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Psycho II (1983)
Unexpectedly good
19 July 2006
I first saw this movie as a horror loving kid, and I loved it. But then, as a grownup, I was reluctant to watch it again since so many films I loved as a kid turned out to be junk, after all. Since I'm a big Meg Tilly fan, I kinda wanted to keep my good memories... so I watched it again, for the same reason (go figure).

Well, it was even better than I remembered. Anthony Perkins gives a truly moving performance, and it's an accomplishment in itself considering the fact that it's an 80's horror movie - not to mentioned the legacy of the first. But the actor proposed a completely convincing continuation of the character. And yes, Tilly is quite good; not at all your average damsel in distress. I wish she'd consider a comeback (she was the ultimate wicked step-mom in Body Snatchers).

All in all, a very nice surprise, and certainly no disgrace to the original.
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Diabolique (1996)
C'mon, camp-ers
18 July 2006
OK, so I just adore this little flop of a movie. The look, the acting (especialy Stone, Bates and Knight) and the screenplay all converge toward a distinctly campy second degree, sometimes close to comedy. Make it black comedy.

Don't get me wrong, I'm a big Clouzot fan; Le Corbeau is one of my all time favorite, and his original Diaboliques, based on Boileau and Narcejac short story, ranks prominently in my list, too. And frankly, I was quite ambivalent about it being remade. And then I heard of the casting (Stone/Adjani), which is a once in a lifetime kinda thing and the choice of giving direction to then newcomer Jeremiah Chechick, still fresh from his well received debut Benny and Joon.

So I told to myself, "Hey, could be worse". But I wasn't entirely convinced. Of course, I didn't know then that Don Roos had penned the laced in acid screenplay with the tongue firmly in cheek.

Stone's Nicole: "You're dead, this is heaven and I'm the Vigin Mary. Can you swallow?" This is one of my favorite line, ever. That Who's Afraid of Virginia Woolfe homage with Shirley Knight is also priceless.

To appreciate this movie, I think you must be a camp addict, or a gay, or both. One way or the other, the audience for this kind of sophisticated junk seems to be timid, or easily convinced to doubt of its own tastes. Maybe that's why Basic Instinct 2, a very similar outing, flopped. Too bad.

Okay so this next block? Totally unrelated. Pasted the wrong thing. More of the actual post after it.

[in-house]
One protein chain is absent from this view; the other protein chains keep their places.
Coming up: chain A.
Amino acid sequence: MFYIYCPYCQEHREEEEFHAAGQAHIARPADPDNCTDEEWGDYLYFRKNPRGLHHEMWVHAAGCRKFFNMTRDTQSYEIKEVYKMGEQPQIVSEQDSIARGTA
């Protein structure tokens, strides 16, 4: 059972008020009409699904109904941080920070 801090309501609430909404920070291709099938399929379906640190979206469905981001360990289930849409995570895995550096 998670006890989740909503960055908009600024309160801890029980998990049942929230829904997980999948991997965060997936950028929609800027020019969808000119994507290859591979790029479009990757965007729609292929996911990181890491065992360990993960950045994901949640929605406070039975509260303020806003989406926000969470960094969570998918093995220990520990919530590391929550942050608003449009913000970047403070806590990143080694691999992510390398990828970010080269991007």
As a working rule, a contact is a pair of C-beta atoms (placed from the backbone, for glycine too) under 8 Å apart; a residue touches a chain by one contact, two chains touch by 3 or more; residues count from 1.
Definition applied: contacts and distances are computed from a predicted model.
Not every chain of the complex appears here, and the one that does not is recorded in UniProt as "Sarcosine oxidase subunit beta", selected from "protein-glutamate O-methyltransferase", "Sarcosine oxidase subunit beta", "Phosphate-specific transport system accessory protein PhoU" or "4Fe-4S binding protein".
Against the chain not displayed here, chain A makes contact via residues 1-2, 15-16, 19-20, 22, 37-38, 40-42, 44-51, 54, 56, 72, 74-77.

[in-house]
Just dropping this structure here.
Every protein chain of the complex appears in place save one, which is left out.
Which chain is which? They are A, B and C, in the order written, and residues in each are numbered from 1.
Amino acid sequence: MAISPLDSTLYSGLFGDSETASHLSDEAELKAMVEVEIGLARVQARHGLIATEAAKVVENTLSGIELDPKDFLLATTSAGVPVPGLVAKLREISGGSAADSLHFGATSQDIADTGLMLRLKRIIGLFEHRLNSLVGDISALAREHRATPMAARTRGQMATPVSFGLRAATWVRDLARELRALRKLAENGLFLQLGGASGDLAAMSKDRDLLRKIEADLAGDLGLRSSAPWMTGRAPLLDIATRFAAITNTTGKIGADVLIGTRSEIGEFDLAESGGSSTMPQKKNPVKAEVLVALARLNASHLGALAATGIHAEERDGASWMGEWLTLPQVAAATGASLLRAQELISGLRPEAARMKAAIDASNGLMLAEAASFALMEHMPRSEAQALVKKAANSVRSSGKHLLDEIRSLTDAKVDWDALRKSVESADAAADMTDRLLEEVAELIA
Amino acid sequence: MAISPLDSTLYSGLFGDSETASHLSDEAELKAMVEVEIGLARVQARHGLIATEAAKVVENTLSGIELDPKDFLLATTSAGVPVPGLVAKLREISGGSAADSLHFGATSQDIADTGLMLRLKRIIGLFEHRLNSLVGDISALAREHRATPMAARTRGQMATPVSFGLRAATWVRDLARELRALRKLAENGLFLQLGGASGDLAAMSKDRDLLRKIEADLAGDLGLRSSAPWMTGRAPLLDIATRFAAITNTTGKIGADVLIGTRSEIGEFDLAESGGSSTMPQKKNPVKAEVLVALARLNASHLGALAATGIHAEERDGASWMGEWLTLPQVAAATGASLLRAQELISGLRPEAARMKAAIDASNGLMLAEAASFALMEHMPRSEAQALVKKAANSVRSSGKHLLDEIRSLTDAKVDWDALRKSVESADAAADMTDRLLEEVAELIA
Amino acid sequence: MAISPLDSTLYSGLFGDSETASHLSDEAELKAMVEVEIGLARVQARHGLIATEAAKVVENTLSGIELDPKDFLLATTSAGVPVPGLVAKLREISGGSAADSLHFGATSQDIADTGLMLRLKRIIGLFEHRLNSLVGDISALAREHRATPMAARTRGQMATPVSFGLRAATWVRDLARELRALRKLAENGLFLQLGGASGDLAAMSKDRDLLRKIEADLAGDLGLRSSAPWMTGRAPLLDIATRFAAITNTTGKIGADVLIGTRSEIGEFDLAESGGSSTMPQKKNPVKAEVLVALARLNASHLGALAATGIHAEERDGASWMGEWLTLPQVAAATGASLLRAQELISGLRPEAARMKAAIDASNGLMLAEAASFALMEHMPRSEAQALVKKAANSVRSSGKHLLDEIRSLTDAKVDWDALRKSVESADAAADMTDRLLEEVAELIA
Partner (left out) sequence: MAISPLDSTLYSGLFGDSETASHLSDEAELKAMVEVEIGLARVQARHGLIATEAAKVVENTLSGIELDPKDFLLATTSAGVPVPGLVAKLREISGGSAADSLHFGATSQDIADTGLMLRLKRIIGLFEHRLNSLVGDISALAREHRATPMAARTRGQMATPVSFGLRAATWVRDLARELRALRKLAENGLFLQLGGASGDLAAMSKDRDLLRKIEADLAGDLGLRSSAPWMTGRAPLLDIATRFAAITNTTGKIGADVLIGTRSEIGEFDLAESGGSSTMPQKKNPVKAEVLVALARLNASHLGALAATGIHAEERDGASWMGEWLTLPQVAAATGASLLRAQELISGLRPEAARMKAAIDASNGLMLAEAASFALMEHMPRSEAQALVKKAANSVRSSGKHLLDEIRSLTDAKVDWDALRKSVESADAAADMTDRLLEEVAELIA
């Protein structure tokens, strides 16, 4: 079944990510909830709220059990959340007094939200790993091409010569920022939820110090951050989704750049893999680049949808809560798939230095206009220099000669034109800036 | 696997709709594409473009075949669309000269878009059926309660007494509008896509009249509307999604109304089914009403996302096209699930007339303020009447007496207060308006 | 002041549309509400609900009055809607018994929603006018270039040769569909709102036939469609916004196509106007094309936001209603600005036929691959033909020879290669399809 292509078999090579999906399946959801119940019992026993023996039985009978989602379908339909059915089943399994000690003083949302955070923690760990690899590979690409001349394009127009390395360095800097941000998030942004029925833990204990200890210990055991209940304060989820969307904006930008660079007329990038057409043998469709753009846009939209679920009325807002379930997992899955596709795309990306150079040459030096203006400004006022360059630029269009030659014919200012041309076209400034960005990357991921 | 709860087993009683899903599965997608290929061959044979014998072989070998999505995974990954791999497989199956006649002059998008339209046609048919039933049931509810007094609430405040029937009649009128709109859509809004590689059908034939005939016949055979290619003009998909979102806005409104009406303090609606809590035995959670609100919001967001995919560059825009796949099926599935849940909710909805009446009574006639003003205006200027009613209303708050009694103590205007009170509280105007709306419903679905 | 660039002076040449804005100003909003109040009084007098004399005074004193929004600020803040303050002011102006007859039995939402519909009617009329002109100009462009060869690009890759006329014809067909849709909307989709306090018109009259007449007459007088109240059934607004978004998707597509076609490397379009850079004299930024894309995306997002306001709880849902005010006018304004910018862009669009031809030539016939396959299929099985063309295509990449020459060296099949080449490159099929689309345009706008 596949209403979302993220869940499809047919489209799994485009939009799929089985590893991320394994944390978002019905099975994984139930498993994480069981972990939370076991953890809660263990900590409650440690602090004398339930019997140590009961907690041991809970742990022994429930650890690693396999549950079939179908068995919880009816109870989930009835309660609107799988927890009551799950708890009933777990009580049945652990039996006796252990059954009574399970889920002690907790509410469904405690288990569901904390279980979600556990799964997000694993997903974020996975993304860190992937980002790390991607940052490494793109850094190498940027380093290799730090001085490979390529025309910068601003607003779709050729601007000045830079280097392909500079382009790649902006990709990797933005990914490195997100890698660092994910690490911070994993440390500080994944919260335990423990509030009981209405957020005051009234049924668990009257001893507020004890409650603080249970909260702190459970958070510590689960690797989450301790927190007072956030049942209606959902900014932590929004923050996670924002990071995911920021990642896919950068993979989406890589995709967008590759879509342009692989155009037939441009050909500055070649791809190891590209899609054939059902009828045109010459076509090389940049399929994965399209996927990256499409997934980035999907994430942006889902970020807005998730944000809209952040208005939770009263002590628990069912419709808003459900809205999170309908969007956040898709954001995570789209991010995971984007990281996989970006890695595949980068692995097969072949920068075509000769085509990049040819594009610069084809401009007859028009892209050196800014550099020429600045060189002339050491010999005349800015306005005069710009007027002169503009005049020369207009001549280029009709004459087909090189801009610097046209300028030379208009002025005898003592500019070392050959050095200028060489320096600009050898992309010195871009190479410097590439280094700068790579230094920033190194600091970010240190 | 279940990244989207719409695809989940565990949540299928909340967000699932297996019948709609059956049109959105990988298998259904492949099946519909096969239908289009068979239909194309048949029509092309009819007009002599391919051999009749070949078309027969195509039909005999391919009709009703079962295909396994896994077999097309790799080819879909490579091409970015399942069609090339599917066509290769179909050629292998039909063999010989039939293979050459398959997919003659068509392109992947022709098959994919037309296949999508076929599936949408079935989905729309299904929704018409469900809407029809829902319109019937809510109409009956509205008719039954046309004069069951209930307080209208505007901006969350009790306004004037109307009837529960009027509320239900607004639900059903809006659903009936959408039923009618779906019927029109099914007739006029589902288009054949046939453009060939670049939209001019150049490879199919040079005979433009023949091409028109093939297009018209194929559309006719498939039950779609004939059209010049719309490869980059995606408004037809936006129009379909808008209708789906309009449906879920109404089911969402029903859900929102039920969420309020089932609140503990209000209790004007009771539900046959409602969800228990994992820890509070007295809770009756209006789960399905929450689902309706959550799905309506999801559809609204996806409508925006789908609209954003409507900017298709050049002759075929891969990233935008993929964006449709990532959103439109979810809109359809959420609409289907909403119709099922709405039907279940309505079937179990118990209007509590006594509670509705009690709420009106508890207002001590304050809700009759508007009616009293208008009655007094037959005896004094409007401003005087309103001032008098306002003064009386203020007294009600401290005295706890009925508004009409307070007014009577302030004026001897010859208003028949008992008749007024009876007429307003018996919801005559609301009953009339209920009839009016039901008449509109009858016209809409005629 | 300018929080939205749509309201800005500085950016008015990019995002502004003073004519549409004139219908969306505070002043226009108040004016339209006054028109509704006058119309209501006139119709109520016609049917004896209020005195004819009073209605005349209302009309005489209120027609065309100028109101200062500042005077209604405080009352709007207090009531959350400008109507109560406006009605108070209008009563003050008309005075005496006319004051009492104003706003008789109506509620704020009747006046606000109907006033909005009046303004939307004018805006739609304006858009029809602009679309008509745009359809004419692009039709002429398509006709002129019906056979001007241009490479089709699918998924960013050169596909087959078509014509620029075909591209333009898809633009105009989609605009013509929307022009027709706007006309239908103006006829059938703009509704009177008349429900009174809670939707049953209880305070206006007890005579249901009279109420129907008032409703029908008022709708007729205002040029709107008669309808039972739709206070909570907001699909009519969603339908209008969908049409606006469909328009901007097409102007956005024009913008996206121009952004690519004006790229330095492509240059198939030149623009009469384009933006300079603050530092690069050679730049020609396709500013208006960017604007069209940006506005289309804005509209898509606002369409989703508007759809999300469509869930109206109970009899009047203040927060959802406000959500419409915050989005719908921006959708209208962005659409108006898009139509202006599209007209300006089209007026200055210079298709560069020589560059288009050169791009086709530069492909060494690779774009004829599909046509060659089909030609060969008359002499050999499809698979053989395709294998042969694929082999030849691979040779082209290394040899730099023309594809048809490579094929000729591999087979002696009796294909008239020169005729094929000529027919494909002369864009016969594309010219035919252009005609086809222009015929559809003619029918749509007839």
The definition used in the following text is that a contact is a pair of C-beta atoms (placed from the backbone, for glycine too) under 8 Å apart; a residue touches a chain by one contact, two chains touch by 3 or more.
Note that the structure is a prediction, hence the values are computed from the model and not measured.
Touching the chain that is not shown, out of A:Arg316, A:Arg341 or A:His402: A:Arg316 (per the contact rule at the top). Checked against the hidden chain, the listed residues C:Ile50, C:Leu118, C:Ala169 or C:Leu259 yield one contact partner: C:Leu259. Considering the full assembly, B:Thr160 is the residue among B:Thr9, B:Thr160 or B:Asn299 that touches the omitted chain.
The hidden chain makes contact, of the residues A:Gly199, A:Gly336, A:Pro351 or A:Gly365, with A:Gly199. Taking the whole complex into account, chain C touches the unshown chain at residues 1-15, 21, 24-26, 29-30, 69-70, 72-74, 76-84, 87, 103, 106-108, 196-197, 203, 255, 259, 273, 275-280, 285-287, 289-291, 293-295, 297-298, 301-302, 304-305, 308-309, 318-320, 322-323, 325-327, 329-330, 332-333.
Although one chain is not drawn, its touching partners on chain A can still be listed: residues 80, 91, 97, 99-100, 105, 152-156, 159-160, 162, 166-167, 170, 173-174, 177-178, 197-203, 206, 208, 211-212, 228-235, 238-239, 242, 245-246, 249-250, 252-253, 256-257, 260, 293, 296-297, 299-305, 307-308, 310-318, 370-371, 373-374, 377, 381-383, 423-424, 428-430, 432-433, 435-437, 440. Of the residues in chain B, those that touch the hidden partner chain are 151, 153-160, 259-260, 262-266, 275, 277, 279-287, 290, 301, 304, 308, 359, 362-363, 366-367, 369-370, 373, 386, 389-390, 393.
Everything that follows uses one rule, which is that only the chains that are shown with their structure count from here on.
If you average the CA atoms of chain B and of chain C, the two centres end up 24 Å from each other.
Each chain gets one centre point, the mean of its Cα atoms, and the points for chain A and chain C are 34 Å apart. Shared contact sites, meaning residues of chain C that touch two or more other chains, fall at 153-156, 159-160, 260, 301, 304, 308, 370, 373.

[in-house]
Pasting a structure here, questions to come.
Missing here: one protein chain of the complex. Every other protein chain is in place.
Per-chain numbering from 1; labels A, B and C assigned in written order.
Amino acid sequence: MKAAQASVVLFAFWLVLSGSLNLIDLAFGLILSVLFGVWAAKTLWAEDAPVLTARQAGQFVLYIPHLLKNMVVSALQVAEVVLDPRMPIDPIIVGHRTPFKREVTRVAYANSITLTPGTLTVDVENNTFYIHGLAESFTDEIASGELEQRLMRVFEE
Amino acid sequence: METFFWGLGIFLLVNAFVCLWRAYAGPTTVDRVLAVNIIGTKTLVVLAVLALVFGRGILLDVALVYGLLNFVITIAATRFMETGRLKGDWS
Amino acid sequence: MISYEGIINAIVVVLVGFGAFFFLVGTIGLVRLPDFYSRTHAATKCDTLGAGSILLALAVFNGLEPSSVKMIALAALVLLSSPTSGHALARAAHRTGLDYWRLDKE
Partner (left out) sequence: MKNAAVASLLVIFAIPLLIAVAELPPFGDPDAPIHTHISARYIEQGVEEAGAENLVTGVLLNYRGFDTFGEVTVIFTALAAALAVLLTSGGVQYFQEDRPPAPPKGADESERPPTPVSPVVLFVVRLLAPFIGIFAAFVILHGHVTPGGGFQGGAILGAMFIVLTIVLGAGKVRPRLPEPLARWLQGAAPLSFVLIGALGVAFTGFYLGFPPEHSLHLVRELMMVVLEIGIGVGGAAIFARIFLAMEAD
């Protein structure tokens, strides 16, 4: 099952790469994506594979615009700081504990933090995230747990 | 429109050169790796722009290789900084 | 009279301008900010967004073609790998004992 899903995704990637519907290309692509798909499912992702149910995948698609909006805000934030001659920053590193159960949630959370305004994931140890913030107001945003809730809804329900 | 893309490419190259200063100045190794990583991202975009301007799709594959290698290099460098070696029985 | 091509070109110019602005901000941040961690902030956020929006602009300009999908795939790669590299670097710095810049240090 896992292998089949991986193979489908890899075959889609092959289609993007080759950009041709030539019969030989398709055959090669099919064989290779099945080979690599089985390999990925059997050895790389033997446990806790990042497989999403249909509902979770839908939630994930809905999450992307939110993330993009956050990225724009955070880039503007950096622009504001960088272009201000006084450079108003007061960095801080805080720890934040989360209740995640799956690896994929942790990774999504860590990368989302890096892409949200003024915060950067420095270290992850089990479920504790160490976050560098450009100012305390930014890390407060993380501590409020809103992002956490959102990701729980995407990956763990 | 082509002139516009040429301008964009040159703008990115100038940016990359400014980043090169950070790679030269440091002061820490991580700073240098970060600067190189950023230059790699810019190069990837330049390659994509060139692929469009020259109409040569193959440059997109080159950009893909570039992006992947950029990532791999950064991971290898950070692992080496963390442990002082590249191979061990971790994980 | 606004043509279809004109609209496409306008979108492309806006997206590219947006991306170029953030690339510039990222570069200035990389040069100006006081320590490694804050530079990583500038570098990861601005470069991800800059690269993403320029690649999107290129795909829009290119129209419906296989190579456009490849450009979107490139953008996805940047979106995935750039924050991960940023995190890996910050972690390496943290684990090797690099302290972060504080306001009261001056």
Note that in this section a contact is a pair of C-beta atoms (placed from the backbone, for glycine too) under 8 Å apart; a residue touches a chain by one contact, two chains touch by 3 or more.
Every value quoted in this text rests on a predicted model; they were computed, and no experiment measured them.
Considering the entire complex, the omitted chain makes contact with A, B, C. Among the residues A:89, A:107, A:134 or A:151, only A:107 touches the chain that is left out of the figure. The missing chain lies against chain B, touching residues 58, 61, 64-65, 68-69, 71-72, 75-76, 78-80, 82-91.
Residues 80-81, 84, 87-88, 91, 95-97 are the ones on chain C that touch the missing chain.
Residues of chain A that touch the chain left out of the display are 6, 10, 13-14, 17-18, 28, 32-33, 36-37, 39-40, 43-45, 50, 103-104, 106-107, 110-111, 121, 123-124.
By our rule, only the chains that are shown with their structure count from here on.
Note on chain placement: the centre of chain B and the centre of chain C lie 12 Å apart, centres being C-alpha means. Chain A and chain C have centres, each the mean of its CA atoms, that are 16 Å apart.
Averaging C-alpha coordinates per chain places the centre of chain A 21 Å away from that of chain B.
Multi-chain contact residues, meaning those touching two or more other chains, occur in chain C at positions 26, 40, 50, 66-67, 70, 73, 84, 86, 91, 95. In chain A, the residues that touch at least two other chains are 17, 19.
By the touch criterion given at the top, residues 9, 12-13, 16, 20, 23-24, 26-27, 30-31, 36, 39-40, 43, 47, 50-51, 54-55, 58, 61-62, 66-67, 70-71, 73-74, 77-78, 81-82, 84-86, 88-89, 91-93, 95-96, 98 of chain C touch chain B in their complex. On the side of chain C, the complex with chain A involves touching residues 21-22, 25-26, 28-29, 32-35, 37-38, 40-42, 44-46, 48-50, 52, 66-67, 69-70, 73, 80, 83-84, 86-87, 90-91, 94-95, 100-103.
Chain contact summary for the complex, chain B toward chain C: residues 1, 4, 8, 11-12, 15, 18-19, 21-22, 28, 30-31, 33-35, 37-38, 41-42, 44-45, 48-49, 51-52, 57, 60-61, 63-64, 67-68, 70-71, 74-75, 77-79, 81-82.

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Gorgeously photographed camp fest
17 July 2006
This one's for the camp afictionados crowd (and architecture students, perhaps). Highly funny in a black and/or double-entendre way. Mrs Stone delivers an expectedly fierce performance, while Morrissey maintains a quiet stubbornness on the other side.

I should mentioned that I just loved the black comedy Diabolique (advertising it as a thriller was a terrible idea, in my opinion, with a very broad use of the term "remake" ). Don Roos' script was full of juicy one-liners, gay humor and a definite predilection for form over content. And most of all, Stone went Lee Strasberg-ish (that self-parody ranks in her best outings, I think), improbably dressed in a film-noir-on-acid kinda way. The same applies here, except for the costumes, which are here closer to haute couture.

Like I mentioned in the summary, the movie is also extremely well photographed all around London and shows great locations, old and new (a voluntary contrast), with exquisite lighting.

The story, of course, is absolutely improbable, but I don't think the screenplay was a big issue here...

This is guilty pleasure in all its decadent splendor. I have a feel I'll watch this one again...
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Balasko's Hour
16 May 2006
The body of a young woman is found in the woods. It looks like a suicide, but Detective Michèle Varin thinks otherwise. Meanwhile, robbers terrorize the countryside... While the case is progressing , Varin soon finds herself dealing with demons of her own. Once again.

During the course of the seventies (and early eighties), France produced very interesting polars and noirs (Simenon was a big winner at this). I couldn't help but think of that period while watching "Cette femme-là". Although the setting is contemporary (somewhere in semi-rural France), the story would have fit perfectly in the above mentioned period... but it would have been a huge lost for moviegoers, since this one stars the uniquely gifted Josiane Balasko.